Each of these three organisations (described separately in the subsequent sections) gives rise to a totally different approach in CPU design with its own merits and drawbacks, mostly depending on the environment and the applications where it would be used. It is, after all, the prerogative of the designer to select a particular design approach taking into account the trade-off criteria and the ultimate target that the machine should meet. While the design approaches as mentioned in (1) and (2) follow the Von Neumann design concept, the design approach as mentioned in (3) is a total departure from this fundamental design concept and is called a non-Von Neumann machine. The most interesting feature is that in spite of having a strong demarcation line in these various types of CPU organisations, some computers combine or can combine features from more than one organisational structure mentioned above, to achieve their specific design target. The earlier Intel 8085 processor is an example of such an organisation.
Within the CPU, there is a set of registers (both hardware and software) that support CPU operations while the CPU executes instructions. These registers operate as the fastest memory internal to the CPU. Different machines have different number of registers and various types of register organisations, which play a decisive role in the design of the CPU and its organisation. However, the registers that are usually present in the CPU fall into two broad categories, which are described below.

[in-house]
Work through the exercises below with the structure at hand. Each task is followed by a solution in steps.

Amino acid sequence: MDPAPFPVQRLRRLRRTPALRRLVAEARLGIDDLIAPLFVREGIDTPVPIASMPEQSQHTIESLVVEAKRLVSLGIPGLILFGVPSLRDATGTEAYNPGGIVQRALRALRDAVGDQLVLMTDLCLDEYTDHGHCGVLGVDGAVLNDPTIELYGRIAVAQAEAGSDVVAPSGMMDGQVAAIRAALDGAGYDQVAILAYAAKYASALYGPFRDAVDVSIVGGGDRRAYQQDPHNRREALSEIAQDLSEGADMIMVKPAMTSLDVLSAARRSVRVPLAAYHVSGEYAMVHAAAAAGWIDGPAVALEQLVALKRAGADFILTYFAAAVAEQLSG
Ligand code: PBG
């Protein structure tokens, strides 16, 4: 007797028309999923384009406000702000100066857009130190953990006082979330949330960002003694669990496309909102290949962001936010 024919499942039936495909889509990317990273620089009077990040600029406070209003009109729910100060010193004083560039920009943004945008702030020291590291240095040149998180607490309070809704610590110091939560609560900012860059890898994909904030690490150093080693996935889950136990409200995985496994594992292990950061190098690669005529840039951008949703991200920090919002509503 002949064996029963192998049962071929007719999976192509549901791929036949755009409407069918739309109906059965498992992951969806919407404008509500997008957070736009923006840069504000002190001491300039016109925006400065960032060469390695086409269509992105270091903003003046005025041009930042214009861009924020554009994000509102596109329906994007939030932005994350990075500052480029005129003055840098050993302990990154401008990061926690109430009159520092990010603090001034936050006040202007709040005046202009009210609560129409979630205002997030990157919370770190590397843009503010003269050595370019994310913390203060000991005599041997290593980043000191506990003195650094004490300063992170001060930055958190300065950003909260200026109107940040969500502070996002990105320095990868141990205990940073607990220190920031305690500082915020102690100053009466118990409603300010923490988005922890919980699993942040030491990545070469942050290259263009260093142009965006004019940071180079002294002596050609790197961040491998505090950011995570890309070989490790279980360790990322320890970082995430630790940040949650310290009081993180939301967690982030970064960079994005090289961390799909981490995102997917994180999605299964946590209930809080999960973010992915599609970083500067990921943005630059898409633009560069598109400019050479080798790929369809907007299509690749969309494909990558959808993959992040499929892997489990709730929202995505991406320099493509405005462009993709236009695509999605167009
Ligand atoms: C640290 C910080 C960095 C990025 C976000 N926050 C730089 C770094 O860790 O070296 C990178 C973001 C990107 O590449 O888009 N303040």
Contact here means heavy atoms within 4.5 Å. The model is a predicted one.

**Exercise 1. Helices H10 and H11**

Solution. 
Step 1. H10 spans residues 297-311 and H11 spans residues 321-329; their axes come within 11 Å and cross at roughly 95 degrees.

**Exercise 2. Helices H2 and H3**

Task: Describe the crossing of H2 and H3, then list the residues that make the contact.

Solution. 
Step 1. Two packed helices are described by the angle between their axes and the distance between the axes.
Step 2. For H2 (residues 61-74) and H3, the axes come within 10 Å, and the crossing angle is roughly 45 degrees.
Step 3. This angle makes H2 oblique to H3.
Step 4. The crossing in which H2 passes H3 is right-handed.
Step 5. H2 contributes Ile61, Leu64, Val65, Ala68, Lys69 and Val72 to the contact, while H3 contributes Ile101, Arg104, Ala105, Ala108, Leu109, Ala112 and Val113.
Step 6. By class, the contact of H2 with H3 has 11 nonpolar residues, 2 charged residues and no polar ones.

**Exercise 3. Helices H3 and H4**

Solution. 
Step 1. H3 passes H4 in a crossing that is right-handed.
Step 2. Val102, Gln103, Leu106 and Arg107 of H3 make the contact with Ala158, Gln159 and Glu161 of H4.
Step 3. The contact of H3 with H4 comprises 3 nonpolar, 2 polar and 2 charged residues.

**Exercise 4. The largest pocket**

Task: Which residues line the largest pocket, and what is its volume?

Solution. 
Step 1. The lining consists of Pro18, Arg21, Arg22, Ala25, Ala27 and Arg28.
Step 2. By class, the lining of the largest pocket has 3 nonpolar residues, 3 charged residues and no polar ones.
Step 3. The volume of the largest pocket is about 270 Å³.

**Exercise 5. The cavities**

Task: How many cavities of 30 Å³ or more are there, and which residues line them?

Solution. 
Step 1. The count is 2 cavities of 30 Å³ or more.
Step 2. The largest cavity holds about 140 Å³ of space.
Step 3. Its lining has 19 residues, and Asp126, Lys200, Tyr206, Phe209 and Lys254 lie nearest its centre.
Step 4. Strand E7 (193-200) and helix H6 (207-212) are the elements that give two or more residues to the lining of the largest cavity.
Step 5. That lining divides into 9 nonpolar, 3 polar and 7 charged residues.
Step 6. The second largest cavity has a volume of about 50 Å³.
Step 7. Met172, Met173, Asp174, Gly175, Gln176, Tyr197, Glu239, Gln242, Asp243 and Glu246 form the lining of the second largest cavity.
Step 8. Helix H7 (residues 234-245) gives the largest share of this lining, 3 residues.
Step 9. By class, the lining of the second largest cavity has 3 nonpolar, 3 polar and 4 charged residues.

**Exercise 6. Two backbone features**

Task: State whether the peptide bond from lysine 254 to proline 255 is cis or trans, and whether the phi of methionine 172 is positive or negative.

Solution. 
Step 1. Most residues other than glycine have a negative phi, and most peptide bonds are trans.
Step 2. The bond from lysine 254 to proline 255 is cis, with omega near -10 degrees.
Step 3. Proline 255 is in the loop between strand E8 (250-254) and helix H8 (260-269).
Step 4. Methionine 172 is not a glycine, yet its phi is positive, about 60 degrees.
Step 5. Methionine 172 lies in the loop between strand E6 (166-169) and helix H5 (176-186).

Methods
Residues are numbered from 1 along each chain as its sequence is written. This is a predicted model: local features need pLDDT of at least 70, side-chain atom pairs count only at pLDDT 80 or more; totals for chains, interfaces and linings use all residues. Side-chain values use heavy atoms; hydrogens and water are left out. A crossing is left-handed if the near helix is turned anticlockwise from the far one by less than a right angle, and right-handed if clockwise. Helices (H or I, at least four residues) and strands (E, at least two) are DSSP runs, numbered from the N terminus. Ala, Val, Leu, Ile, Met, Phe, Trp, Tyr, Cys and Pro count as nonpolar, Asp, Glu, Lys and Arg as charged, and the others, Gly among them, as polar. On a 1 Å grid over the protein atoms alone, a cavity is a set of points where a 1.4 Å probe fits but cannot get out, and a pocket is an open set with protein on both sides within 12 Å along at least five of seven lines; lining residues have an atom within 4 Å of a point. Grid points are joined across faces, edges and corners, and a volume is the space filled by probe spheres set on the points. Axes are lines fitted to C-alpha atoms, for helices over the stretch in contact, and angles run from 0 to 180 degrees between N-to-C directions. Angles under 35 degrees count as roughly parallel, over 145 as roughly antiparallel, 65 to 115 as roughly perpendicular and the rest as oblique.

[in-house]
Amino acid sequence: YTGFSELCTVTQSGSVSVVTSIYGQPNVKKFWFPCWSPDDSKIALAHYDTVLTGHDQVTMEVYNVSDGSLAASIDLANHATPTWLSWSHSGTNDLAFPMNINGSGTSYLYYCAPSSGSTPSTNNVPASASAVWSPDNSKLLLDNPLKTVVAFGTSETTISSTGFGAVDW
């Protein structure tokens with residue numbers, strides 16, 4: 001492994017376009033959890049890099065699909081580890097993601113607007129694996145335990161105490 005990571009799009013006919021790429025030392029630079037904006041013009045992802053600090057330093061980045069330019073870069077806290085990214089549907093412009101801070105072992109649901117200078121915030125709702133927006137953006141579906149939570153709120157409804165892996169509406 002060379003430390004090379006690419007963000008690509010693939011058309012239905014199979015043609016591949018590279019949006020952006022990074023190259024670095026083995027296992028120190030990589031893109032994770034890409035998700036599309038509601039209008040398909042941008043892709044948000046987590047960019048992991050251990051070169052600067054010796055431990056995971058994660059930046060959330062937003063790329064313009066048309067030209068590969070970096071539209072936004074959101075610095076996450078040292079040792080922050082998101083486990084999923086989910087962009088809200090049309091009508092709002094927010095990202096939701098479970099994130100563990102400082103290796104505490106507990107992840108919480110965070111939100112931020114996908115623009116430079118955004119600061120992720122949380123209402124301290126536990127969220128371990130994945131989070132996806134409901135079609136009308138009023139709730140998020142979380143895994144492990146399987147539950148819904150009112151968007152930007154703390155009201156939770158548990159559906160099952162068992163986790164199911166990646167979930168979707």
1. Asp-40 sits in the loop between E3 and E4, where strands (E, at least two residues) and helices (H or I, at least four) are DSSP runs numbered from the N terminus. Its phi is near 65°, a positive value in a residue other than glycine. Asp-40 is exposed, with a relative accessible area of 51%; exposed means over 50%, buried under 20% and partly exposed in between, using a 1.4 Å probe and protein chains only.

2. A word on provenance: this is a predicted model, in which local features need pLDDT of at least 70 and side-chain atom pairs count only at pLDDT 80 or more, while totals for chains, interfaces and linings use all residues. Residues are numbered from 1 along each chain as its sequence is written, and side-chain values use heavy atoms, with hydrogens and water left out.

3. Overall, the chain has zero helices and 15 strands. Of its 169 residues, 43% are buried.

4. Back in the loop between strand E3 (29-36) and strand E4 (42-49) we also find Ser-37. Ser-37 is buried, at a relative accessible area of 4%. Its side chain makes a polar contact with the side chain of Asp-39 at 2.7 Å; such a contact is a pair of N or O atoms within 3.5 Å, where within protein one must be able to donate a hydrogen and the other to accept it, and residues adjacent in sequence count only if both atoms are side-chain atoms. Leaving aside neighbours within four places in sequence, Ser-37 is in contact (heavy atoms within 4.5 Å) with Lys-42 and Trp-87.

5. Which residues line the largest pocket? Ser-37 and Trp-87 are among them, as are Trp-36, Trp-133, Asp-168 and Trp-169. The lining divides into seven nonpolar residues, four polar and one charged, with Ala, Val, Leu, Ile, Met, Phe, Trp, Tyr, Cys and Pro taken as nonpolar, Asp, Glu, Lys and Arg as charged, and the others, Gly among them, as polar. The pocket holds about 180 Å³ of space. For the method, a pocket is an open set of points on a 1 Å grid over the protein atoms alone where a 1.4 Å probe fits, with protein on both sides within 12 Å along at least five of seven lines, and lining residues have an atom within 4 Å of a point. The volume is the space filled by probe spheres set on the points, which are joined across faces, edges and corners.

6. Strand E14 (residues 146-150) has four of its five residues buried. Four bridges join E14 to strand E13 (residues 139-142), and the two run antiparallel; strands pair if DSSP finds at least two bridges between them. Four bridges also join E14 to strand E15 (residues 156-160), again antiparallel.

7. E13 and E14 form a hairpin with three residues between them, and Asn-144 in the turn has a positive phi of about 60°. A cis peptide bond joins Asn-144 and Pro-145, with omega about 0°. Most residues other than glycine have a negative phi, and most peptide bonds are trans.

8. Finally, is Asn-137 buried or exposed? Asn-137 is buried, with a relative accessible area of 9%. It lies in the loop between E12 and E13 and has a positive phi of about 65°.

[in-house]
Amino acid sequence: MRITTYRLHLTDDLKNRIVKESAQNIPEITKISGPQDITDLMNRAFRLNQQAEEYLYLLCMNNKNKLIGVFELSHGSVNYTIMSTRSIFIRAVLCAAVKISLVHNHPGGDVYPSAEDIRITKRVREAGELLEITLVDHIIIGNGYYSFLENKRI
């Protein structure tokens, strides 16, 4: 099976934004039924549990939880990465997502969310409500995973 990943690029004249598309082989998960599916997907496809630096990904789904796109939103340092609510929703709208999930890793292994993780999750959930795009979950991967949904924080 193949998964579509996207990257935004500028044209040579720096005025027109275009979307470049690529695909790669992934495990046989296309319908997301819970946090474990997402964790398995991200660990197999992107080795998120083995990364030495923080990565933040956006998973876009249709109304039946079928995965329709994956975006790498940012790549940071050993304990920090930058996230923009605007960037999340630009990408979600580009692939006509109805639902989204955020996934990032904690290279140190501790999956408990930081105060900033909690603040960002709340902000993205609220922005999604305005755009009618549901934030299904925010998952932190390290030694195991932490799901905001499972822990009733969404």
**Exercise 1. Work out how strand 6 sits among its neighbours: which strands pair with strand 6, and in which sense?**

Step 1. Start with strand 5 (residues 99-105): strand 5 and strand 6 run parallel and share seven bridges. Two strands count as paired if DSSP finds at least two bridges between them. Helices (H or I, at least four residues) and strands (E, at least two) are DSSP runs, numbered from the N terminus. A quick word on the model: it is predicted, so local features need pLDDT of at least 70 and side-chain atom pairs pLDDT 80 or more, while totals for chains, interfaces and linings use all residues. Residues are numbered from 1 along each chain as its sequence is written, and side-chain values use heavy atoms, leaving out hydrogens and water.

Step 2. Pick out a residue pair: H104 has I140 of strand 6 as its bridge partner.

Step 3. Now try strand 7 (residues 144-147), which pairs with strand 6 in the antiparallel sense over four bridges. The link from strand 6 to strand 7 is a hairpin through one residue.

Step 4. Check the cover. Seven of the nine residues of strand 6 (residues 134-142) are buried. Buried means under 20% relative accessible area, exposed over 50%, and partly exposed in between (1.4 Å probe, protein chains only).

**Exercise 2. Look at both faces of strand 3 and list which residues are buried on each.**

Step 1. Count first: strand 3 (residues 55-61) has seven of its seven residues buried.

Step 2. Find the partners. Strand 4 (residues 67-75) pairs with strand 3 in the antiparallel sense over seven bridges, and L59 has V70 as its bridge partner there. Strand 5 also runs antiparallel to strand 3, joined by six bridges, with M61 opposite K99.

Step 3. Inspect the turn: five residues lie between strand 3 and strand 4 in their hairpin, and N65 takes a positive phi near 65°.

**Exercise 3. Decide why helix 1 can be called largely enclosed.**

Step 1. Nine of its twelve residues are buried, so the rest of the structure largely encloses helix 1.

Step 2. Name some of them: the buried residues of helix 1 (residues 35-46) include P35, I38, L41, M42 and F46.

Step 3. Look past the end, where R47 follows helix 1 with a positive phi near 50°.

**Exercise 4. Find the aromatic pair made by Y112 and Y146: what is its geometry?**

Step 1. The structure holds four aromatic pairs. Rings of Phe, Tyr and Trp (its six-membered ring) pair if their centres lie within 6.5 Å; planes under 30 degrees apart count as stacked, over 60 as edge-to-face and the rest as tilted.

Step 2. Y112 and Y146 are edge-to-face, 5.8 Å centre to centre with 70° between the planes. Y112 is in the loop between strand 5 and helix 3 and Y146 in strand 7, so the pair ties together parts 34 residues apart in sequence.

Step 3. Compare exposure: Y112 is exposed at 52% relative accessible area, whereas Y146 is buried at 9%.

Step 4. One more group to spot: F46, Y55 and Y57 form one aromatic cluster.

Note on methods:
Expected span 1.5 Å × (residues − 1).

Most contemporary CPU designs include a number of such registers. They are used by the machine language or by system programmers (assembly language programmer) for various purposes, and also temporarily hold data to minimize the frequently CPU visits to slower main memory, thereby accelerating the execution speed. These registers, however, are not found in single accumulator-based CPUs. All these registers can again be broadly classified into the following categories, based on their numerous usage:
i. General-purpose registers;
ii. Address registers;
iii. Data registers;
iv. Condition code registers.
Several design issues and alternative approaches have, however, been observed in relation to the classification and categorization of these registers and their specific usage, although each one has its own merits and drawbacks and there is, as such, no specific rule or perfect and complete solutions to these design issues. However, the modern trend is observed to be tilted in favour of using specialized registers. A new approach that finds advantages in the use of more registers (to the tune of hundreds or so) is implemented in some RISC (reduced instruction set computer) systems (discussed separately in Chapter 9). Incidentally, many processors, including those from Intel, do not use condition codes at all. Instead, they use conditional branch instructions that indicate a specific comparison to be made, and act accordingly on the outcome of the comparison. Besides, they use some other mechanisms that serve, equally well, the purpose that condition codes provide. Thus, they find no need to use any such condition codes (registers).
The details of the functions and the responsibilities that are carried out by each of these registers are given in the website: http://routledge.com/9780367255732.